Pin Me

Using Bolex Cameras

written by: Shane Burley•edited by: Rhonda Callow•updated: 5/20/2010

Here are some tips and tasks to do before you begin filming with your Bolex 16 mm film camera.

  • slide 1 of 6

    New to the Bolex

    Bolex Camera The Bolex 16 mm film camera is an institution that has remained almost constant for more than fifty years. The hand crank film machine is one that has been returned to time and time again, going from the professional and personal standard to being a novelty that is effective for creating images and telling stories.

    These Bolex cameras are still in use in a variety of settings, from film students learning the basic principles of filmmaking to independent directors looking for a unique visual style to multimedia producers trying to sync a variety of film textures. These cameras are more complicated for basic functions than most high end digital video or HD cameras, and it can be a stretch for most new comers. Here are a few things to do before you start filming with your Bolex 16 mm film camera.

  • slide 2 of 6

    Calibrating Zoom

    You are not going to calibrate the zoom in the same way on the Bolex camera as you would on a regular digital video camera. Instead of using a regular zoom you are going to start out by selecting the lens that you want, which is chosen based on the type of framing and depth of field you want. Once you have done that you are going to set the viewfinder to your eye. Focus in on what you want and then adjust the focus on your eye piece until it is in focus. You do this after you have done the regular zoom calibration where you zoom into your subject and then focus in before zooming out.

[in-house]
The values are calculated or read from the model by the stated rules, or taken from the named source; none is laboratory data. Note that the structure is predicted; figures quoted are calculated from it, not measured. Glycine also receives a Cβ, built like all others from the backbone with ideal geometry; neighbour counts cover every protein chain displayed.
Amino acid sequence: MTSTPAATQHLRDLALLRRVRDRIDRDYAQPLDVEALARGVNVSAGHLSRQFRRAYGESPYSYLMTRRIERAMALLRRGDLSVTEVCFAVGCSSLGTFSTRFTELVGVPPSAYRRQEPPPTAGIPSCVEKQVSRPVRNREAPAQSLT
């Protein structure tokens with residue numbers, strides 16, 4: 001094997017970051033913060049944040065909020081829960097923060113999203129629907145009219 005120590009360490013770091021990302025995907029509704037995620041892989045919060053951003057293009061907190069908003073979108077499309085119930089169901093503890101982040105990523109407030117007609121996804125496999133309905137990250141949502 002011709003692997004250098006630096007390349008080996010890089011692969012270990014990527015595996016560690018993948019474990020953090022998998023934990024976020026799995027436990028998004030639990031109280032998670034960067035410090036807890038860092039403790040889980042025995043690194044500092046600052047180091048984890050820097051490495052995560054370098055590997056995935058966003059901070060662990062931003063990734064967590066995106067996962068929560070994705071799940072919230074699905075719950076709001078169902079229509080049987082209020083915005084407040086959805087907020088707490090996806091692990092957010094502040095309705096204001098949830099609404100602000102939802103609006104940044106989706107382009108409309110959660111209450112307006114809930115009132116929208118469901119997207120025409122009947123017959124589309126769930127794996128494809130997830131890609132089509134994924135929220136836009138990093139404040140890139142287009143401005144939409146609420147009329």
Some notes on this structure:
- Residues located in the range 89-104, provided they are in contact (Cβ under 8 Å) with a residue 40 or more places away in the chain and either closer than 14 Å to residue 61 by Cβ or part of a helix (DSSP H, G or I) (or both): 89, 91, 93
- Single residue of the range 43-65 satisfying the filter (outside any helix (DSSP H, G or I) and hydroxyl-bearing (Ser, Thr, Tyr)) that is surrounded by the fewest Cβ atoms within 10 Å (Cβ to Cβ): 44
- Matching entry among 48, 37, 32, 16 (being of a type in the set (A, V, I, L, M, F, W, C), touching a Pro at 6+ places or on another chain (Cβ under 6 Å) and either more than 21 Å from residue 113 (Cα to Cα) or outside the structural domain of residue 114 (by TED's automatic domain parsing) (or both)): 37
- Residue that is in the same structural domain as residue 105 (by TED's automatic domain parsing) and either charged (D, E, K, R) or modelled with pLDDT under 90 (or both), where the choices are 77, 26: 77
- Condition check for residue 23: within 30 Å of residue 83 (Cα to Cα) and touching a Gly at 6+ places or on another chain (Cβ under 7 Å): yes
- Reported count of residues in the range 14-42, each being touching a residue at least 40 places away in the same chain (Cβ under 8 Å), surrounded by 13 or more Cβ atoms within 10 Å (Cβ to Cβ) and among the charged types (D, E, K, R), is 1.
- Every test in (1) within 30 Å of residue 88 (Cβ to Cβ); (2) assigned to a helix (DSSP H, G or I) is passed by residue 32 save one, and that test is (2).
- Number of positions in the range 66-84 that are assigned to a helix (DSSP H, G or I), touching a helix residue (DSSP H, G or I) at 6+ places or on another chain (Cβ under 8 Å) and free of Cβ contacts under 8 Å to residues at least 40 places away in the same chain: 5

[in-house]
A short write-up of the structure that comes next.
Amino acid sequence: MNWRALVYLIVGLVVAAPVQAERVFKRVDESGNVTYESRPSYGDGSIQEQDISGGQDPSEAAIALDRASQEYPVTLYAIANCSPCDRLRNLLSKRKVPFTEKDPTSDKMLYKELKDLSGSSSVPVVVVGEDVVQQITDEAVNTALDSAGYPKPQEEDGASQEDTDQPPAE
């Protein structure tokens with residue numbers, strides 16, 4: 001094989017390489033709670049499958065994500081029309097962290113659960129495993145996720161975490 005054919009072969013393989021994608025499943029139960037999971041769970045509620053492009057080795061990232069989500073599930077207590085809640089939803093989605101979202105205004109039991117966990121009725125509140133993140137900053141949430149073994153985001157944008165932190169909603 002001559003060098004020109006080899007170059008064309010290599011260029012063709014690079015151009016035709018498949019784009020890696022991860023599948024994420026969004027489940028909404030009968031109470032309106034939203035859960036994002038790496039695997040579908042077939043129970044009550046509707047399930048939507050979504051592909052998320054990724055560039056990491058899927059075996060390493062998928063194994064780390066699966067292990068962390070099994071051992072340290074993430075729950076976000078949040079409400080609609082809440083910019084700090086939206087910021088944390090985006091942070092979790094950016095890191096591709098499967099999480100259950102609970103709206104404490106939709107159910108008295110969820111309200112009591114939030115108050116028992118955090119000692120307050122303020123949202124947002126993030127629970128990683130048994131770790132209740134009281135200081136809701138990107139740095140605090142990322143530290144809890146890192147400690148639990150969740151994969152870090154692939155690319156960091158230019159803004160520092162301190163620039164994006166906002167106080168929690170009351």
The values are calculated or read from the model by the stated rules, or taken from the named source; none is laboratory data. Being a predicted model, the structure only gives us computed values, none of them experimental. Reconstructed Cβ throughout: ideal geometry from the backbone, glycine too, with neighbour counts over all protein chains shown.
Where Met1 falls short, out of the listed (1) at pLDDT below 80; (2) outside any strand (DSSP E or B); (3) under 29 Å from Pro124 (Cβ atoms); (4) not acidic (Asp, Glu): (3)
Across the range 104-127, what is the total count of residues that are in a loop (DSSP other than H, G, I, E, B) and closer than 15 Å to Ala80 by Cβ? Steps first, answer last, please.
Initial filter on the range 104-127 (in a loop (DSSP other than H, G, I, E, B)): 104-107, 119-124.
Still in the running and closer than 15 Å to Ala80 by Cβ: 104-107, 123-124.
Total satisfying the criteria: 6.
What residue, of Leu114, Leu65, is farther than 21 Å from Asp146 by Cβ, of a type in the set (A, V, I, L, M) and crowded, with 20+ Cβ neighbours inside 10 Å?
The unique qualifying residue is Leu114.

• slide 3 of 6

    Preparing Bolex Frame Rate

    The majority of filming is going to be done in twenty four frames per second. This is standard film speed and gives you a good pick up without costing too much film or making it look fast and choppy. For more accuracy and slow motion you will go up to positions like forty eight frames per second. If you want it in fast motion you will go down to settings like twelve frames per second.

  • slide 4 of 6

    Loading 16 mm Film Into the Bolex Camera

    Before you even load the 16 mm film into your Bolex camera you are going to have to trim the edges of the film stock. This means that you will make the end of the film strip and even line so that it loads and records correctly. You usually do this with an actual film strip cutting device.

  • slide 5 of 6

    Bolex Footage Counter

    Make sure that before you start your active filming you check to see that the footage counter is at zero. You do this by threading film through the camera so that the first few frames have passed by. This is done because the first frames will likely be sun struck and you do not want to record on them with the Bolex.

  • slide 6 of 6

    Picture Credit